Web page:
News
News
2/7/2007
05:07 PM
Connect Directly
RSS
E-Mail
50%
50%

Bloggers Rail Against Proposed N.Y. iPod Fine

It will cost you to cross the street while booging to your iPod, chatting on the phone, or checking e-mail.

Bloggers have lambasted a New York senator's proposal to fine iPod users $100 for listening to tunes while crossing the street.

State Sen. Carl Kruger's bill, scheduled to be introduced Wednesday, would actually ban the use of any electronic device in a crosswalk. So besides iPod users, the proposal also would target people talking on mobile phones, checking e-mail on their BlackBerries, or playing videogames on a portable console.

But the iPod ban is what sparked the most outrage, given the popularity of the Apple device among the Internet crowd. For many in the blogosphere, Kruger just didn't get it when it came to trying to legislate human behavior.

"Would someone please clue in Mr. Kruger people are sometimes retarded, and you can't fix stupid," a blogger in Kruger's home district of Brooklyn said on Pervasivelight 5.0.

Ryan Jones of Dotcult agreed, adding, "What's next? Banning deaf people from crossing streets as well?"

Kruger was spurred into action by the deaths of three pedestrians who started crossing the street while distracted by an electronic device, according to the Reuters news agency. "Government has an obligation to protect its citizenry," Kruger told Reuters. "This electronic gadgetry is reaching the point where it's becoming not only endemic, but it's creating an atmosphere where we have a major public safety crisis at hand."

Kruger was unavailable for comment Wednesday, and his office did not return requests for comment in time for this writing.

For bloggers, Kruger's bill exemplified a "nanny government" that was over-protective. "Perhaps, instead of criminalizing stupidity (which rarely works), a targeted PR campaign on the subways could remind iPod users to 'turn down & tune in' while they navigate the mean streets," said New York resident Michael Rose, of Tuaw.com, The Unofficial Apple Weblog.

Some bloggers also wondered how busy New York police would find the time to hand out tickets to gadget-distracted pedestrians, while others said Kruger was unfairly targeting the victim. "Way to blame the victim, Carl. While people should pay attention on the street they always have the right of way, whether they're listening to music, jaywalking, or on a flaneur stroll," said Will of Razor Apple.

For John Little of Blogs of War, Kruger was creating Big Brother government in the guise of protection. "Liberty would quickly cease to exist if all of their proposals became law. Their good intentions will eventually result in each one of us being wrapped in a cocoon of oppression if we don't pay attention," Little said.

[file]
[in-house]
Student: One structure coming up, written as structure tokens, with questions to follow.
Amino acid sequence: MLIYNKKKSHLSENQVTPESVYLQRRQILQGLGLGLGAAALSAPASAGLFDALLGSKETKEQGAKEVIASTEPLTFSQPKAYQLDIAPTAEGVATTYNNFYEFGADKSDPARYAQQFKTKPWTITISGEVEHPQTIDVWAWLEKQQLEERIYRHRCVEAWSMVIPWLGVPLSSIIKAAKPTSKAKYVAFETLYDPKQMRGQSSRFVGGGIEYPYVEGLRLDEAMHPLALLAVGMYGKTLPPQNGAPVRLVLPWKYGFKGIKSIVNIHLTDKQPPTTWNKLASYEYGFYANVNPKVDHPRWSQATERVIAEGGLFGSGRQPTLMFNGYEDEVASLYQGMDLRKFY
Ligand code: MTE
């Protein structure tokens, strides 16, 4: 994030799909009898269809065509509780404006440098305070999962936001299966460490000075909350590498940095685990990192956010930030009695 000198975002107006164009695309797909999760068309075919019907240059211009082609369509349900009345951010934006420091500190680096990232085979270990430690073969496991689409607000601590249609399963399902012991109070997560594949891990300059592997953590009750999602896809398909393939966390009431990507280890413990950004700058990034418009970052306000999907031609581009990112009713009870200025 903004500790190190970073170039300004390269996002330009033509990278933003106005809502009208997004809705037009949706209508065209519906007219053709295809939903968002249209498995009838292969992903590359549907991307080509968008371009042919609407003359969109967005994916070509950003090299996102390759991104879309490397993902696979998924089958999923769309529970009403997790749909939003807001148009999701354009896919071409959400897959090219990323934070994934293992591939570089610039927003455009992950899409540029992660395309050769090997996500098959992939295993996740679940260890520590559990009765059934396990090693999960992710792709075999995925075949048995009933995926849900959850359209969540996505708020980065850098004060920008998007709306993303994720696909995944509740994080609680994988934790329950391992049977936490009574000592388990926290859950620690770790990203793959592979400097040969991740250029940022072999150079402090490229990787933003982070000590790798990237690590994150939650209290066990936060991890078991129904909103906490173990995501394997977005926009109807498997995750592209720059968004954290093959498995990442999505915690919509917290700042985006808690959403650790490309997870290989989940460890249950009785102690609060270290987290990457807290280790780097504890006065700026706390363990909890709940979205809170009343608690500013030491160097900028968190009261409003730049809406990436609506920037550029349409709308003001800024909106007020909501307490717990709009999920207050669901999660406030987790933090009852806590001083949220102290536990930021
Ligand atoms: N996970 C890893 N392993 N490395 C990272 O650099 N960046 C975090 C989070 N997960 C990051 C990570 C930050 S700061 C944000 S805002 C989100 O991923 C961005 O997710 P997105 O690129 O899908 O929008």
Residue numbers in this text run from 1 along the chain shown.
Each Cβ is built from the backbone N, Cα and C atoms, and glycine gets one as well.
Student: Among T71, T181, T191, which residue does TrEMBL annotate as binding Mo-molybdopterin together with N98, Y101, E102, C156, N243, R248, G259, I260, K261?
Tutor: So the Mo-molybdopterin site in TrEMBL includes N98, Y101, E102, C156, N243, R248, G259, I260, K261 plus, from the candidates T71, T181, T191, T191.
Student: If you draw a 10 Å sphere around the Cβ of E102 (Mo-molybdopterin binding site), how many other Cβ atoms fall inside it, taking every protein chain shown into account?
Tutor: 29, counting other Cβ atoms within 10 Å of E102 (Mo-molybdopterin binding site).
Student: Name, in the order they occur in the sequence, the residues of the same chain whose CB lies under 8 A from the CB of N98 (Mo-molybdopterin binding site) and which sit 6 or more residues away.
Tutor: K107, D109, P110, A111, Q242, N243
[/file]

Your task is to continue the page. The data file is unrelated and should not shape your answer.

At least one blogger and iPod user, while disagreeing with Kruger, was sympathetic to his cause. "I don't think Kruger's legislation will be successful, but I have to admit that Kruger has a point," wrote Dan Savage of Slog. "I've almost gotten myself killed three or four times in the last six weeks. Not by strolling out in front of cars -- I look both ways even with my iPod on -- but because I, uh, can't really hear anything."

Comment  | 
Print  | 
More Insights
The Business of Going Digital
The Business of Going Digital
Digital business isn't about changing code; it's about changing what legacy sales, distribution, customer service, and product groups do in the new digital age. It's about bringing big data analytics, mobile, social, marketing automation, cloud computing, and the app economy together to launch new products and services. We're seeing new titles in this digital revolution, new responsibilities, new business models, and major shifts in technology spending.
Register for InformationWeek Newsletters
White Papers
Current Issue
InformationWeek Tech Digest - July 22, 2014
Sophisticated attacks demand real-time risk management and continuous monitoring. Here's how federal agencies are meeting that challenge.
Flash Poll
Video
Slideshows
Twitter Feed
InformationWeek Radio
Live Streaming Video
Everything You've Been Told About Mobility Is Wrong
Attend this video symposium with Sean Wisdom, Global Director of Mobility Solutions, and learn about how you can harness powerful new products to mobilize your business potential.